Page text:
This is my first Penelope Fitzgerald – and it won’t be my last. There is an economy of style and degree of skill, in her writing, to depict a mood, an atmosphere, an ambience, that is all the more striking with the brevity of the work. There is nothing uncommon in this small-town situation the author portrays: the fear of the unusual with an intense phobia surrounding any change, any disruption to the status quo. The author has, however, with exceptional ability, created precisely, and concisely, an absorbing tale in regards to such, which is also, on the whole, quite touching.
This is not that book. Really, it's a tiny, tightly-written tragedy, a story about how people can be really, truly awful to one another, with all the good people getting punished and bad people rewarded. It's very well-written and perfectly, plainly presented, and *damn*, does it hurt. I finished it just after midnight and went to bed whimpering.
The book is wittily written and I enjoyed reading it. I did feel that the ending all came about rather suddenly, and unexpectedly different in tone from what had gone before - but then, this is the same way that it was experienced by Florence, so I suppose we are experiencing that along with her. But for me, it didn't really live up to the rave reviews - it was a bit too light.
First off, the writing is beautiful. Fitzgerald cultivates a small but clever cast of personalities, with a gentle gradation of character development. To quote the TLS from the back cover: "Fitzgerald's resources of odd people are impressively rich".
At 153 pages, this is definitely one of the shortest books I have read since I graduated from the Famous Five and Secret Seven. However, I'm not sure that added length would add anything to the novel, as we focus only on Florence's time in the village. In a larger work covering all of Florence's life, her time in the village would probably occupy this many pages, so in a sense it's not small at all, just precisely focussed.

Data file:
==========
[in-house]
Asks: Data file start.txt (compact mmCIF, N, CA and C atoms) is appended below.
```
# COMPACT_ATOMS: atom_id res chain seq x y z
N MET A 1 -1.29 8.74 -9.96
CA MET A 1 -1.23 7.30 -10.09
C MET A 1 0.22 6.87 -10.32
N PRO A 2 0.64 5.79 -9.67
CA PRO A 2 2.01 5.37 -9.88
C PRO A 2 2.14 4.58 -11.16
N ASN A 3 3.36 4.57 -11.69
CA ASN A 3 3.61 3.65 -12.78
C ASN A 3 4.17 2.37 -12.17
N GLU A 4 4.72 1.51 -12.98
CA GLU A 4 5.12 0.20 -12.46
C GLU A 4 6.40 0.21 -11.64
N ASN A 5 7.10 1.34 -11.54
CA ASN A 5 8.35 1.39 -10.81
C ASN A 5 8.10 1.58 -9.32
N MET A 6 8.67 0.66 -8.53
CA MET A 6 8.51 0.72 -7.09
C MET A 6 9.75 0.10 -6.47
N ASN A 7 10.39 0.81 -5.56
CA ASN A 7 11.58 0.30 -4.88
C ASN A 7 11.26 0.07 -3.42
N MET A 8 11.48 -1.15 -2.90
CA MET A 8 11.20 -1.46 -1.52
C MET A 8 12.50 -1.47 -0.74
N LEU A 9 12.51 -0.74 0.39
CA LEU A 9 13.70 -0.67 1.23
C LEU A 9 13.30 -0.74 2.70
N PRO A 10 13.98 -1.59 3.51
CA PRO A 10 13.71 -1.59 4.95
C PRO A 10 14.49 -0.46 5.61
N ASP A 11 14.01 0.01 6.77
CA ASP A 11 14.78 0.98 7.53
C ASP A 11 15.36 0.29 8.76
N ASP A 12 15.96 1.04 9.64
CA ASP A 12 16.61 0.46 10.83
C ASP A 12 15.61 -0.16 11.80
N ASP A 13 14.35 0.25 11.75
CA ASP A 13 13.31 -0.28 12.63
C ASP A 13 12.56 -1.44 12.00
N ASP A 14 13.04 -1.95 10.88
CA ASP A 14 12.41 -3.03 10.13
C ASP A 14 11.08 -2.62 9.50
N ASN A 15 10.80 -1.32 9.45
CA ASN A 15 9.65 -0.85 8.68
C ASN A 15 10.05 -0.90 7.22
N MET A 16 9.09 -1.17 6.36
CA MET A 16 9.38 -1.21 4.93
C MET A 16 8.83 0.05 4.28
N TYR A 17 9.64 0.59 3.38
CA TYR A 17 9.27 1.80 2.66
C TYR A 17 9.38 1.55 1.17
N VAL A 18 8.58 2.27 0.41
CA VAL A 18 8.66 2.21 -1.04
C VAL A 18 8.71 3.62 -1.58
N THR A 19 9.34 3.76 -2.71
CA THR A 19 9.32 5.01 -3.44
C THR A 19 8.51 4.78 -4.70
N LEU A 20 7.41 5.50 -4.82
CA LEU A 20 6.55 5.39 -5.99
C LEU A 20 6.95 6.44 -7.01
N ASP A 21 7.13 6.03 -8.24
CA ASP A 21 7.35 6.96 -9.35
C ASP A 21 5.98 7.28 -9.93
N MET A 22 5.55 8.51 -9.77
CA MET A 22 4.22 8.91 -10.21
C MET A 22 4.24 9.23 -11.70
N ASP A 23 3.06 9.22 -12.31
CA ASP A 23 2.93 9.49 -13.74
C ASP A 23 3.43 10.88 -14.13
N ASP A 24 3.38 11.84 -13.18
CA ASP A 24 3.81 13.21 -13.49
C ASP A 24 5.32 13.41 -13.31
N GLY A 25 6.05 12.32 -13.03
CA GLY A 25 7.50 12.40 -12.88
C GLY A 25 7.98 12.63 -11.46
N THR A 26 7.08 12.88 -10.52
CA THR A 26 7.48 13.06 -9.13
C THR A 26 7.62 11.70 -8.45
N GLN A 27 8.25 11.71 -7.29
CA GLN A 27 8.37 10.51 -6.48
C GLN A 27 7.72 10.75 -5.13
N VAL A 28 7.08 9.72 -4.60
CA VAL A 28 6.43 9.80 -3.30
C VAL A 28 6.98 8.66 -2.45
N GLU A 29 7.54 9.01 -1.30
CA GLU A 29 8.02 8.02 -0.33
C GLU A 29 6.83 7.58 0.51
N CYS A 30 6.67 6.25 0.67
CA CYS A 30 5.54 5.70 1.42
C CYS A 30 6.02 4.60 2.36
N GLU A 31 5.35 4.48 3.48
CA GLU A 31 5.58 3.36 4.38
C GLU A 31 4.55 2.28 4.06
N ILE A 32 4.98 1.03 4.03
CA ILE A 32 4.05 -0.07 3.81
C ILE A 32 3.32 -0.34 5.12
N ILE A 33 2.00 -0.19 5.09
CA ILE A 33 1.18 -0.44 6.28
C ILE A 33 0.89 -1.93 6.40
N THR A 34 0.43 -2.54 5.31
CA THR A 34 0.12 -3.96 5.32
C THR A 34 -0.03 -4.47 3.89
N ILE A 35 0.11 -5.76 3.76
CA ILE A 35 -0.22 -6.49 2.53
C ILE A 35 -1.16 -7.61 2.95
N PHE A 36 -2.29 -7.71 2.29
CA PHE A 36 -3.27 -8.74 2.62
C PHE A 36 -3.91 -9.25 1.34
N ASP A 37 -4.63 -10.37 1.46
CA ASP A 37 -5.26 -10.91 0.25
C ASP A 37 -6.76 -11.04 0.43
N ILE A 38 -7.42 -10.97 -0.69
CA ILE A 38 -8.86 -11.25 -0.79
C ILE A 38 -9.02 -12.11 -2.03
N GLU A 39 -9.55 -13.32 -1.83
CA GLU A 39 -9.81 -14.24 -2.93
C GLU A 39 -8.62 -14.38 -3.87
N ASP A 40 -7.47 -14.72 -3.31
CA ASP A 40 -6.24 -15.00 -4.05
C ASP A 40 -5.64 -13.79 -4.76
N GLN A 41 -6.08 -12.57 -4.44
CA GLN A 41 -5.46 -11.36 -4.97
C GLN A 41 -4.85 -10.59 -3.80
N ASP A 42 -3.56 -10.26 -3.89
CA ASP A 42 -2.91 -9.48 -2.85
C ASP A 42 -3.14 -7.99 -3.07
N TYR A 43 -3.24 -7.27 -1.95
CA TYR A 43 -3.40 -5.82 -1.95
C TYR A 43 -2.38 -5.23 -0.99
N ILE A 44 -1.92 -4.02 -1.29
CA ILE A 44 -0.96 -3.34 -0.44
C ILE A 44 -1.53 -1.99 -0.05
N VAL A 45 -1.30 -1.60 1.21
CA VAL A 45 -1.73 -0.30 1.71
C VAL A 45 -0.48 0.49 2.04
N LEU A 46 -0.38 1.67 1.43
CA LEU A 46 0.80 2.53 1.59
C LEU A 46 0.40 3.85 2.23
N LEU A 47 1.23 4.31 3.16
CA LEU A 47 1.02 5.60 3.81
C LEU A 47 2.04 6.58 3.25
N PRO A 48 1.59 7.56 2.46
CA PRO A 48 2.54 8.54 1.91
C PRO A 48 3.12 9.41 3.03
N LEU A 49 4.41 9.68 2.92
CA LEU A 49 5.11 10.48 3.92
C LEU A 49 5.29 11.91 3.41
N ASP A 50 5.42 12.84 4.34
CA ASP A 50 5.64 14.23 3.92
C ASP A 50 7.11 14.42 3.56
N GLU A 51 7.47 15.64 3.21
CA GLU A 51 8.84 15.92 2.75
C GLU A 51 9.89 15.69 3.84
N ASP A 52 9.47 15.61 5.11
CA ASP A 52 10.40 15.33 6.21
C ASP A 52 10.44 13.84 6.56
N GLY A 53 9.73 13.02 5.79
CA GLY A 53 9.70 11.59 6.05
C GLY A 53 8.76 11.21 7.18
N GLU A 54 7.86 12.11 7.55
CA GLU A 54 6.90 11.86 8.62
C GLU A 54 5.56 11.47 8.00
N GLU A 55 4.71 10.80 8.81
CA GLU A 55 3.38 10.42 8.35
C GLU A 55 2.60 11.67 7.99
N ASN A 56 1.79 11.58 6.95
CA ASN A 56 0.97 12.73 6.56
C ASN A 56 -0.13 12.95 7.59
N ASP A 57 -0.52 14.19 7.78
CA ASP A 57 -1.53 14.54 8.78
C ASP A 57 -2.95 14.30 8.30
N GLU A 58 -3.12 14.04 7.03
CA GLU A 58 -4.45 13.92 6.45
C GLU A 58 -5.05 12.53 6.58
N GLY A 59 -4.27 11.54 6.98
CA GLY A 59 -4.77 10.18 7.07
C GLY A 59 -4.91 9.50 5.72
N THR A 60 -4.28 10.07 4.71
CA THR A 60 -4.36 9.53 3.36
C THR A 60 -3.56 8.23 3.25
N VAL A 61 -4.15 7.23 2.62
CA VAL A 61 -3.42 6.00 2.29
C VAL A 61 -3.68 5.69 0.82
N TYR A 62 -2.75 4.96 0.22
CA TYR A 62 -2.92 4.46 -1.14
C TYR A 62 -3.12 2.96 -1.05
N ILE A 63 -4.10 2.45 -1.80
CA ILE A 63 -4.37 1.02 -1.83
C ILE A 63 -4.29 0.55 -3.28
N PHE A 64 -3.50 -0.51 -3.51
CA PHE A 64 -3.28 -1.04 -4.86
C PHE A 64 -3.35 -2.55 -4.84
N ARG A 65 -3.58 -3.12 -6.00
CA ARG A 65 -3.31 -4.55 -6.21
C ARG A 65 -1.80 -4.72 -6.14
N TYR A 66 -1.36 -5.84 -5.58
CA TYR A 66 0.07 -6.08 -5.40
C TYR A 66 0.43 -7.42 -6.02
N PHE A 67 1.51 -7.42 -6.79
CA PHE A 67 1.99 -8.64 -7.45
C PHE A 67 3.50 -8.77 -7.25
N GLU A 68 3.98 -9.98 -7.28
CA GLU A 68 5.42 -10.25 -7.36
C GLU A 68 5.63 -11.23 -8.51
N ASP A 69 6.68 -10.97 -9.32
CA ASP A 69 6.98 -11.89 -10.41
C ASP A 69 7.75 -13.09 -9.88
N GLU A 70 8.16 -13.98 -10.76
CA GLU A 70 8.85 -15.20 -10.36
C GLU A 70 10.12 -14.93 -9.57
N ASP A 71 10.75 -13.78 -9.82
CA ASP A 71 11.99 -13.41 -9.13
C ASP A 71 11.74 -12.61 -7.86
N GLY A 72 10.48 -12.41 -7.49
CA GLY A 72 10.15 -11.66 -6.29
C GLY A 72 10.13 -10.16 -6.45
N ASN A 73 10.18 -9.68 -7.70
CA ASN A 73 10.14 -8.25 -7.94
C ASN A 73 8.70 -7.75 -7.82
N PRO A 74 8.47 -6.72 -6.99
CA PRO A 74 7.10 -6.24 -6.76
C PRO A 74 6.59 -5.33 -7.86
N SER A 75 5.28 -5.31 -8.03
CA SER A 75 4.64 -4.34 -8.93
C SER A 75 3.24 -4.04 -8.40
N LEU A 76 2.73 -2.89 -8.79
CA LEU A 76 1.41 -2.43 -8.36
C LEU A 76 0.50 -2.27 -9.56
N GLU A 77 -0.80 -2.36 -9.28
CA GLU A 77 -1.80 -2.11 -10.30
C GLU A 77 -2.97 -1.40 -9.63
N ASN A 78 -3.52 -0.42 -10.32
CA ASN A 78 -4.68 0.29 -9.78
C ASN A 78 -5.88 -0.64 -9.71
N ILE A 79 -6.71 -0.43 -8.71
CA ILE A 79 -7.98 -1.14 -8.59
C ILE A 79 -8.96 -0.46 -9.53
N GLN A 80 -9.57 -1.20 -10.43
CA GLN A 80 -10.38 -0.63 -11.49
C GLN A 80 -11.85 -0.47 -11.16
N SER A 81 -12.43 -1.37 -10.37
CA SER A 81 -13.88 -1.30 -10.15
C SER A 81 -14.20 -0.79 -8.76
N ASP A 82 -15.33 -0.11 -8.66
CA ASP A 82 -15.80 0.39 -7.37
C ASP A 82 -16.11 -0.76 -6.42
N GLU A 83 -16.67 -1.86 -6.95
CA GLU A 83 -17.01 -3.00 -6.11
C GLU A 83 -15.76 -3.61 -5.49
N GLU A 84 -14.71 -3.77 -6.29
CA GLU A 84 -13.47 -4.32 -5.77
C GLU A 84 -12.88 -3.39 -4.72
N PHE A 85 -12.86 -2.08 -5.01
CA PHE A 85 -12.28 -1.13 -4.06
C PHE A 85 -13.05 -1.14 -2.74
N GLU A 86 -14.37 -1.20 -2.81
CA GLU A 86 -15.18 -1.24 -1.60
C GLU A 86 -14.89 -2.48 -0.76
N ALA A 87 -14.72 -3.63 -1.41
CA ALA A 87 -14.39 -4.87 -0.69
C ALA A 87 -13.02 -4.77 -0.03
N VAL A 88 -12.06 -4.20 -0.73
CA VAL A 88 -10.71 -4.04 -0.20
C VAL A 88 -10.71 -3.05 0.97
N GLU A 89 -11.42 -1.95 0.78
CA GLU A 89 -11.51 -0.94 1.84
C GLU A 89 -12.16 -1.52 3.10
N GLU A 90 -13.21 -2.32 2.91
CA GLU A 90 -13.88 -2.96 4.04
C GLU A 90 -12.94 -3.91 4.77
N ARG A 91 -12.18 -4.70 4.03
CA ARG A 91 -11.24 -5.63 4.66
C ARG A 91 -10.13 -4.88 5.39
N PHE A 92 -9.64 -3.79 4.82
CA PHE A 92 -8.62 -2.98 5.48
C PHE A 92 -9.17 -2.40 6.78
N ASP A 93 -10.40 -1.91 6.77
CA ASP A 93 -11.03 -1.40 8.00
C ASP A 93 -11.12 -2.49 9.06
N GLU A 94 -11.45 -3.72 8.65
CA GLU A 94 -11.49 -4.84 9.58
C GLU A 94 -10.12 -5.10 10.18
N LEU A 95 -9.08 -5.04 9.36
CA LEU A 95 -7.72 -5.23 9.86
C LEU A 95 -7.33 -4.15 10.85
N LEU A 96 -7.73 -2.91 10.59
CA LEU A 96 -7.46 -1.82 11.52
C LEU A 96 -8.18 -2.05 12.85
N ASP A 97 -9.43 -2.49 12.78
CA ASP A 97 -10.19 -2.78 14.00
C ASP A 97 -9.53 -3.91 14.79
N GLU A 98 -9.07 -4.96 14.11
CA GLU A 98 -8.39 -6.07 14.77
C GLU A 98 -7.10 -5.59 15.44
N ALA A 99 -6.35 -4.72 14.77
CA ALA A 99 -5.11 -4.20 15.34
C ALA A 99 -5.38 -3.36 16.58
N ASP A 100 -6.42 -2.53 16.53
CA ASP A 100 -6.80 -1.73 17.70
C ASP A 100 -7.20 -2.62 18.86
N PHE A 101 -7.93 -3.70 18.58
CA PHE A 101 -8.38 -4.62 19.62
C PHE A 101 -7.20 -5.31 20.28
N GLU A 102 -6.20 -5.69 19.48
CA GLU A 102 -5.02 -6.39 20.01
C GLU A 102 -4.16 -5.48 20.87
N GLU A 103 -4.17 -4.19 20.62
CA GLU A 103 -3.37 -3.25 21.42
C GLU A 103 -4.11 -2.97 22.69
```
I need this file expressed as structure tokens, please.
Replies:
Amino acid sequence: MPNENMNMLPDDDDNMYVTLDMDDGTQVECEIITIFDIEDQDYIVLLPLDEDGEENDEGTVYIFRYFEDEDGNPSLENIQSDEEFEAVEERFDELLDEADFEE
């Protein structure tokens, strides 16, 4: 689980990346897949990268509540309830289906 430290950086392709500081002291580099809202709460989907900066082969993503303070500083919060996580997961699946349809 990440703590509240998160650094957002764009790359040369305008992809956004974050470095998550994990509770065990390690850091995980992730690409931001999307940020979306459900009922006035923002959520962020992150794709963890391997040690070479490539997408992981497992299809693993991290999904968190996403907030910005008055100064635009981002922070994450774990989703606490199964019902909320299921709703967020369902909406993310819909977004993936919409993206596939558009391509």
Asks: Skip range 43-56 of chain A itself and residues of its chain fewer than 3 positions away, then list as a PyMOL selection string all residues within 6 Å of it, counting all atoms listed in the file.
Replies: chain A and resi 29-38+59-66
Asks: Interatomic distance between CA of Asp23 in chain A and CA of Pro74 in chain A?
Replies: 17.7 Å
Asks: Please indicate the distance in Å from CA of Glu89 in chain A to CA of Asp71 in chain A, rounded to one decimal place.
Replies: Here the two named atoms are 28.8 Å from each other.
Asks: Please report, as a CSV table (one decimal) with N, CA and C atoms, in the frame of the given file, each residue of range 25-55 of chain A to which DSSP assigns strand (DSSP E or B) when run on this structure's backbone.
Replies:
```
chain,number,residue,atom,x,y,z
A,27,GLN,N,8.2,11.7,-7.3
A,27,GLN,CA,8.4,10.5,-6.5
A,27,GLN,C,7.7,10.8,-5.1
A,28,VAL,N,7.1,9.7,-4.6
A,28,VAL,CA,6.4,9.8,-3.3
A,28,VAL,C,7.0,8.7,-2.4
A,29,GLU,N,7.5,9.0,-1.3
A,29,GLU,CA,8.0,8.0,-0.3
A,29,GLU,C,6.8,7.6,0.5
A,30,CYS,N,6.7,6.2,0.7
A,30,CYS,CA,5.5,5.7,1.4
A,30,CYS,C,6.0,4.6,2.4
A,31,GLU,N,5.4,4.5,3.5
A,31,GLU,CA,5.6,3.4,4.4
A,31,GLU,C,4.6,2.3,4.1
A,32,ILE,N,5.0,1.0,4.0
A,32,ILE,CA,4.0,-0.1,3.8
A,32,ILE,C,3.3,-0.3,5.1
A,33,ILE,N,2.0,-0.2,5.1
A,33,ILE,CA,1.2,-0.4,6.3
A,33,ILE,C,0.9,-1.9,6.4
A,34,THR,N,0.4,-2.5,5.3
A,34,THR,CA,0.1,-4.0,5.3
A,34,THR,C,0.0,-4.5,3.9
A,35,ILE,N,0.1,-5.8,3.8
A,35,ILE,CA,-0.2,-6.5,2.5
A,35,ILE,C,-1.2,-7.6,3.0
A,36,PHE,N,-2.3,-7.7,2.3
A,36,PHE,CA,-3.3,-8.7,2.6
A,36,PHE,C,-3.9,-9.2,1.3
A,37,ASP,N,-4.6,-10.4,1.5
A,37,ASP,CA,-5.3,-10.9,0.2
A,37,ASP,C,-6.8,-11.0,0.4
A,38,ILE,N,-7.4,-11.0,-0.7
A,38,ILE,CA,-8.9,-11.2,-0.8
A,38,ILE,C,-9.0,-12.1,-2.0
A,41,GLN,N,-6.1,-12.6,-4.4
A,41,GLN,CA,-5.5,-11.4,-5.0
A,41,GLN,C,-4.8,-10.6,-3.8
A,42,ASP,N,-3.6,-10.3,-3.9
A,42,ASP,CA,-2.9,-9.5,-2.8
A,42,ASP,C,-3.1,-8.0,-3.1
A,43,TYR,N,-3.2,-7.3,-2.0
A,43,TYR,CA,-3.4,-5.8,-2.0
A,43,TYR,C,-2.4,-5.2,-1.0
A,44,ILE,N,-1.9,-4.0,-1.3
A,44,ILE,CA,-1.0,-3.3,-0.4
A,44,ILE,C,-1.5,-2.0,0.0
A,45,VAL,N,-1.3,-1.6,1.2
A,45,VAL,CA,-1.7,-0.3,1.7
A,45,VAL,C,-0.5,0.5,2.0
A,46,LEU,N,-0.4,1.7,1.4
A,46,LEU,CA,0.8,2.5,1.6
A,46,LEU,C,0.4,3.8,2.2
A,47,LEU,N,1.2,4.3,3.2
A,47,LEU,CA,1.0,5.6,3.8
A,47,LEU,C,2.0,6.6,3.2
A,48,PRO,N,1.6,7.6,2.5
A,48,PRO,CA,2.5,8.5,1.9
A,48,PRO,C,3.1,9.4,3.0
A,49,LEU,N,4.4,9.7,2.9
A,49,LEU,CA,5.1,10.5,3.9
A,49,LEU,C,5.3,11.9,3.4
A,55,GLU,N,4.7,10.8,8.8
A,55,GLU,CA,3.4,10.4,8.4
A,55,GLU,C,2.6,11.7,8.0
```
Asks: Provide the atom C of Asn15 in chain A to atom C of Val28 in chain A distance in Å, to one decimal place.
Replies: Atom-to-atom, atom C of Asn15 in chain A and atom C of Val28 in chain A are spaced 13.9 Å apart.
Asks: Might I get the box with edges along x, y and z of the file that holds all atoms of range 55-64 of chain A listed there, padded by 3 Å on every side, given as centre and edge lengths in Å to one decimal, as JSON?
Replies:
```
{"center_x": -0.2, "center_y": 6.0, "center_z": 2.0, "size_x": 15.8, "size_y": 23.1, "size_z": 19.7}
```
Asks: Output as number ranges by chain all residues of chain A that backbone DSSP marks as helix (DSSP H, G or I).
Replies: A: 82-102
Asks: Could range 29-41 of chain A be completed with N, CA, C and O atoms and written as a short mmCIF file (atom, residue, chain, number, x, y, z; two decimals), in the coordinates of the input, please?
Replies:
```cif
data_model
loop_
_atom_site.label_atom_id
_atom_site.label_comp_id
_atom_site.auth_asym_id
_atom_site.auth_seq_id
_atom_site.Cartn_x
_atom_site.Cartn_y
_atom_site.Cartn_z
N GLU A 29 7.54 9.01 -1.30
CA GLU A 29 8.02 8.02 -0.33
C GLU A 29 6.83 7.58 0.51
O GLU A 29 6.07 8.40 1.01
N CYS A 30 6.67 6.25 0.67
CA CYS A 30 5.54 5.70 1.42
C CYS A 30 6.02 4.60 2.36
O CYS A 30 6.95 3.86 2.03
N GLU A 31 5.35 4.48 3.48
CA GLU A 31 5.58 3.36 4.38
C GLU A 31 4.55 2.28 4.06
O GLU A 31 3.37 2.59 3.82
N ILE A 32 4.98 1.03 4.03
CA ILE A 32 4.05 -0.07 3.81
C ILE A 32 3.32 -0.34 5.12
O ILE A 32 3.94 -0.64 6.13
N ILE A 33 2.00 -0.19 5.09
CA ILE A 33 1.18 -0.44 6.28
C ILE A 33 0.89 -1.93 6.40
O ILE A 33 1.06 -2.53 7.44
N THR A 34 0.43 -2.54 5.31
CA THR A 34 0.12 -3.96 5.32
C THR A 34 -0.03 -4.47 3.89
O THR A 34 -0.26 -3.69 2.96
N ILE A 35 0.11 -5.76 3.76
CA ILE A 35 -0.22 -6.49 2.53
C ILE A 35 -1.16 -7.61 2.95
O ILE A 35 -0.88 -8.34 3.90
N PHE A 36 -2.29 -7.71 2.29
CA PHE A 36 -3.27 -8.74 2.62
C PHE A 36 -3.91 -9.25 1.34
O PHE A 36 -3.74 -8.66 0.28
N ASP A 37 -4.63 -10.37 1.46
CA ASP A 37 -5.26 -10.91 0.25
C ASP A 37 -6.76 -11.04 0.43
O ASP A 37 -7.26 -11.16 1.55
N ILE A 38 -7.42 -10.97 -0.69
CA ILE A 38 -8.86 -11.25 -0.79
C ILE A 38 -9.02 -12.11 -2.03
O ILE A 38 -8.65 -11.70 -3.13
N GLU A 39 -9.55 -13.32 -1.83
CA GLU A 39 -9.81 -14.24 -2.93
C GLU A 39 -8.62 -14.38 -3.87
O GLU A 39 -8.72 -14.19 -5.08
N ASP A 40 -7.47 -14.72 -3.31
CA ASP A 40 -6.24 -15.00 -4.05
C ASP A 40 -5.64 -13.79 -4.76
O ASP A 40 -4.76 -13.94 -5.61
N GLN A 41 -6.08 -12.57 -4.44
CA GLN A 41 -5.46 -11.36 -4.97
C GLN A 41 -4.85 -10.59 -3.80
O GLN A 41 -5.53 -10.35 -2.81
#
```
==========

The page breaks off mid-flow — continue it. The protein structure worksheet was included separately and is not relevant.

There's not much of a plot but that is a pleasant change for me, given that I usually read very plot-driven novels (e.g. Clive Cussler). We pass ten years in Florence's company (almost exclusively), in a succession of episodes and moments which introduce us to some strange people with peculiar motivations. Some of them threaten to descend to farce (particularly the old man who keels over dead in the market square), but poor Florence remains fixed solidly in realism throughout.
One character who is exquisitely captured is young Christine. The ten-year-old bookshop assistant is proud and proper but smacks a customer over the hand with a ruler. She confides in Florence and listens to her, but runs off in a huff when her schooling takes an unfortunate twist. Like Marcus in About A Boy and Alan Bradley's spectacular efforts with Flavia, Christine is a beautiful child who springs off the page into the reader's heart.